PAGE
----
Karen Brown, Plaintiff-appellant, v. John T. Wigginton; Betty Kassulke; Sherry Troxell; Rosbyglover; Marie Loving; Linda Dewitt; Captain Ann Smith;deputy Warden Stout; Keith Zimmerman; Lance Oerther;damon Scott; and Captain Miles Sullivan, Defendants-appellees, 981 F.2d 913 (6th Cir. 1992)

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U.S. Court of Appeals for the Sixth Circuit - 981 F.2d 913 (6th Cir. 1992) Argued Dec. 4, 1992. Decided Dec. 21, 1992

Michael A. Valenti (argued and briefed), Hirn, Reed, Harper & Eisinger, Louisville, KY, for plaintiff-appellant.

Karen Brown, pro se.

Susan Alley (argued and briefed), Office of Gen. Counsel Corrections Cabinet, Frankfort, KY, for defendants-appellees.

Before: MERRITT, Chief Judge; and GUY and RYAN, Circuit Judges.


Plaintiff Brown's 42 U.S.C. § 1983 action was dismissed as being time barred under the one-year statute of limitations applicable to section 1983 actions in Kentucky. Collard v. Kentucky Bd. of Nursing, 896 F.2d 179 (6th Cir. 1990).

Brown, a Kentucky prison inmate, filed a section 1983 action against prison officials on July 9, 1991. The complaint arose from disciplinary actions taken against Brown in 1988 and 1989. It is agreed that her cause of action accrued not later than August 13, 1989. There is also no dispute that in Kentucky there is a one-year statute of limitations on section 1983 actions. There is a complicating factor, however. In August of 1989 when this claim arose, Kentucky Revised Statutes § 413.310 provided that "the time of the confinement of the plaintiff in the penitentiary shall not be counted as part of the period limited for the commencement of an action." Tolling provisions of this nature are applicable to section 1983 actions. Hardin v. Straub, 490 U.S. 536, 109 S. Ct. 1998, 104 L. Ed. 2d 582 (1989). This statutory section was repealed, however, effective July 13, 1990.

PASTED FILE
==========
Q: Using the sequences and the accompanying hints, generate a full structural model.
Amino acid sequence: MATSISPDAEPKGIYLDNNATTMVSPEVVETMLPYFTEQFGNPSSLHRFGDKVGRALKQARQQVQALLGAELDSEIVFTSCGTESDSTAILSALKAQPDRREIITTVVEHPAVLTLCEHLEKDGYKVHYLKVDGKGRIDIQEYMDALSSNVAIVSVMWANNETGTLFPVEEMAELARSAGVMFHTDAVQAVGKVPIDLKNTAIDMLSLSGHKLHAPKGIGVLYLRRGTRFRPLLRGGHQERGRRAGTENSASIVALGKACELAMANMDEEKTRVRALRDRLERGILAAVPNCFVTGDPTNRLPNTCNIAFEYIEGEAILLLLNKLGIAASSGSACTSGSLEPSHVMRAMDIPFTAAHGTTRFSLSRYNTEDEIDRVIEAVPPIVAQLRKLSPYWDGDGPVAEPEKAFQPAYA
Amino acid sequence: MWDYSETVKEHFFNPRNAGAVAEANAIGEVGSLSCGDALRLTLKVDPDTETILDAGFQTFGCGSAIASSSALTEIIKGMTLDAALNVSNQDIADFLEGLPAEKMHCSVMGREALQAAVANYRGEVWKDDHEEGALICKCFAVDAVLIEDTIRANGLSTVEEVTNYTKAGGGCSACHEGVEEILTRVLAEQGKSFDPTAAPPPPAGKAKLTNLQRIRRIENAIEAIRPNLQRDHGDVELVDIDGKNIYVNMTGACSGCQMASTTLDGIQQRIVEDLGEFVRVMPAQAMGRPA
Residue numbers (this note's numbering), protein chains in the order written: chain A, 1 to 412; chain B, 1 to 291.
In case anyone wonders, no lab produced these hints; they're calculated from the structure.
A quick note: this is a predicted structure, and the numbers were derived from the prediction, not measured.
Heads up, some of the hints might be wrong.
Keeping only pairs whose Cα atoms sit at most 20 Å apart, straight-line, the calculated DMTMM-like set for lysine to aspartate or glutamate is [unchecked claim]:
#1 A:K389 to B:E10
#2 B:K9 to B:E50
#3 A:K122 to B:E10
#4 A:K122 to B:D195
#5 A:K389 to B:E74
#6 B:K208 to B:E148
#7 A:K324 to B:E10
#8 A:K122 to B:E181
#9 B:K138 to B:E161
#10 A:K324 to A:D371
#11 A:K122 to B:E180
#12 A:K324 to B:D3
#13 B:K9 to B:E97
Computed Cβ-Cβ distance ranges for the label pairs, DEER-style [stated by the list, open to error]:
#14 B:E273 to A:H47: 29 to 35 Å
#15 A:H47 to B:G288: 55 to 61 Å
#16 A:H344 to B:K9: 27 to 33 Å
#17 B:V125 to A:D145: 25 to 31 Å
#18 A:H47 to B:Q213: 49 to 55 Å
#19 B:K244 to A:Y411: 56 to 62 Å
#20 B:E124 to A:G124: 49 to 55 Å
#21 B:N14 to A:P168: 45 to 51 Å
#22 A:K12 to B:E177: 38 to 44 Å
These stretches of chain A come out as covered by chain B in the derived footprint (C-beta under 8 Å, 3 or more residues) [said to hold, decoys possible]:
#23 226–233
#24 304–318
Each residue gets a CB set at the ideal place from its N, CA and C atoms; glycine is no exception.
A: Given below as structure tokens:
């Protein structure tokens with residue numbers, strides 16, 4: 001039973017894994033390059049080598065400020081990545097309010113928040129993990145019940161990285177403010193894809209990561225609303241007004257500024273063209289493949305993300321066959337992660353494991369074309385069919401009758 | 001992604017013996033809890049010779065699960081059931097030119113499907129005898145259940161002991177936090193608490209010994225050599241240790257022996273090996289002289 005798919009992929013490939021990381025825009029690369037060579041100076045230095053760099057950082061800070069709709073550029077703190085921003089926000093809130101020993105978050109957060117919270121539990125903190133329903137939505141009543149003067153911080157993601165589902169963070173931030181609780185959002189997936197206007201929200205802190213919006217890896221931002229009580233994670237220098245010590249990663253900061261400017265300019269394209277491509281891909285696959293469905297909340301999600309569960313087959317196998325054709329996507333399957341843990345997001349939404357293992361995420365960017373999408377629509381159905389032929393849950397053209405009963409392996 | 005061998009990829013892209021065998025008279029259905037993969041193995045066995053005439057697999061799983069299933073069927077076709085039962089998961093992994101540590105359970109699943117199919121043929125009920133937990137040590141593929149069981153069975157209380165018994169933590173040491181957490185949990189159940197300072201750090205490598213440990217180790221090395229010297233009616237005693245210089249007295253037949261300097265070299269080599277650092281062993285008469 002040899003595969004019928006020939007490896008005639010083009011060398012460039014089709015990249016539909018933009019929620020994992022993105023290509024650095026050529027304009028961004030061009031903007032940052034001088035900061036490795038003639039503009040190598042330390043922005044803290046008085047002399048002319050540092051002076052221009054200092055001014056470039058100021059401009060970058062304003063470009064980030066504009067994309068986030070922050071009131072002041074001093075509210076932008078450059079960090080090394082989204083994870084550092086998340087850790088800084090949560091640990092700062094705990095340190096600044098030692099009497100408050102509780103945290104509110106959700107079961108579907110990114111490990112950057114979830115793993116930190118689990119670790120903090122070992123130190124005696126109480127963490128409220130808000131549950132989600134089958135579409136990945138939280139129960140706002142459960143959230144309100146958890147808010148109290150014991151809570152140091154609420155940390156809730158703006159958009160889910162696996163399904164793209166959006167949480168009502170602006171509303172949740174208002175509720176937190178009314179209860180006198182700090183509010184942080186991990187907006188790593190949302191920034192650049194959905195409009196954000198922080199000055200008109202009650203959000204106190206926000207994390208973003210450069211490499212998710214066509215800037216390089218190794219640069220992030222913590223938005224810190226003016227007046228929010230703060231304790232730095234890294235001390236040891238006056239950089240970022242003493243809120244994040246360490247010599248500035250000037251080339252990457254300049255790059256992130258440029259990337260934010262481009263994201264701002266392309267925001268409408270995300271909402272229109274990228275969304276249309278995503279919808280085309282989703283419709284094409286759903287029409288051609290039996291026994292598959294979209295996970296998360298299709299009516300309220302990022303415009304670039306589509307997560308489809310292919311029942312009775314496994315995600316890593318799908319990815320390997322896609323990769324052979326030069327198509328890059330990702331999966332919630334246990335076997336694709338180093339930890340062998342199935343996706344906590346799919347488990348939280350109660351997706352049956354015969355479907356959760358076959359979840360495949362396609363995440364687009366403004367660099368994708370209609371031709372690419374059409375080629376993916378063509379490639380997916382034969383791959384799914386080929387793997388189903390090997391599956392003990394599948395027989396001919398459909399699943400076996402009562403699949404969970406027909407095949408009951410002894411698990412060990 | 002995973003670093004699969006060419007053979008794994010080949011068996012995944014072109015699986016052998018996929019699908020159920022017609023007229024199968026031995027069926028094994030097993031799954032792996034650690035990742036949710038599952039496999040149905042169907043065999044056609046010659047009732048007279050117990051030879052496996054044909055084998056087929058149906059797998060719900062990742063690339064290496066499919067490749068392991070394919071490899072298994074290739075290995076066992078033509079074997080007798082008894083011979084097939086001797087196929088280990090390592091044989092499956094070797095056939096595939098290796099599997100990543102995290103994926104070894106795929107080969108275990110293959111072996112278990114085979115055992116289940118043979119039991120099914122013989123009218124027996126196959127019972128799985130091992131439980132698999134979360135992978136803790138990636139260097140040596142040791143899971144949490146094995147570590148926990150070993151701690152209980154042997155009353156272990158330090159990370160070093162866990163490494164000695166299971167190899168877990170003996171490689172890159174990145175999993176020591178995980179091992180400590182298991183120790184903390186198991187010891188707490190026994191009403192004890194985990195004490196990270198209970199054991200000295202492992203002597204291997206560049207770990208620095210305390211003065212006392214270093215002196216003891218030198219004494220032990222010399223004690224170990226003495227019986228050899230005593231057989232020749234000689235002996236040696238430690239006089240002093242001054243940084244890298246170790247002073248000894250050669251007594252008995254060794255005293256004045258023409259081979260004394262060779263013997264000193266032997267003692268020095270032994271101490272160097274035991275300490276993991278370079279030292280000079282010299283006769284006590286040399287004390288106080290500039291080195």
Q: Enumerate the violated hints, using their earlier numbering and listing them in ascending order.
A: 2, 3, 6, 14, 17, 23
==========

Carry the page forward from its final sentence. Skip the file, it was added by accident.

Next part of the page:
The district court concluded that under Kentucky law a plaintiff, after the repeal, had a "reasonable" time to bring an action. Specifically, the trial judge stated:

Plaintiff waited almost one year after the repeal's effective date before filing her complaint. The Court concludes that plaintiff's one year delay was beyond the parameters of a reasonable time beyond having notice of the repeal of KRS 413.310. Cf. Boothe, supra, (Fifty-eight (58) days after repeal's effective date held to be a reasonable time.). Therefore, the Court shall deny plaintiff's motion to vacate the July 30, 1991 Order dismissing plaintiff's complaint.1 

The trial court did not purport to state what a reasonable time might be, but decided that almost one year was too long. No reasons were set forth for this conclusion.2 

Without attempting to set forth a rule to guide all cases, our conclusion in this case is that plaintiff should have been given one year from the effective date of the repeal to file her complaint. We reach this result primarily because, on the facts here, the tolling statute did not interrupt the statute of limitations but rather kept it from ever starting. Since the statute had never started to run, we think it is reasonable to give the plaintiff the benefit of the full one year. We are also influenced in our decision by the fact that the Kentucky one-year statute is as short as is to be found as a limitations period for section 1983 actions. If we were dealing with a three or four-year statute, the result might be different. Similarly, the time that the tolling had been in effect might also dictate a different result.

Finally, we note that defendants have made no claim that the passage of time has in any way prejudiced their ability to defend this lawsuit.

REVERSED and REMANDED for further proceedings.


The court's reference to Boothe refers to Boothe v. Special Fund, 668 S.W.2d 66 (Ky.Ct.App.1984)


Both plaintiff and defendants agree on appeal that the "reasonable time" standard is the correct one to apply, but differ as to what constitutes a reasonable time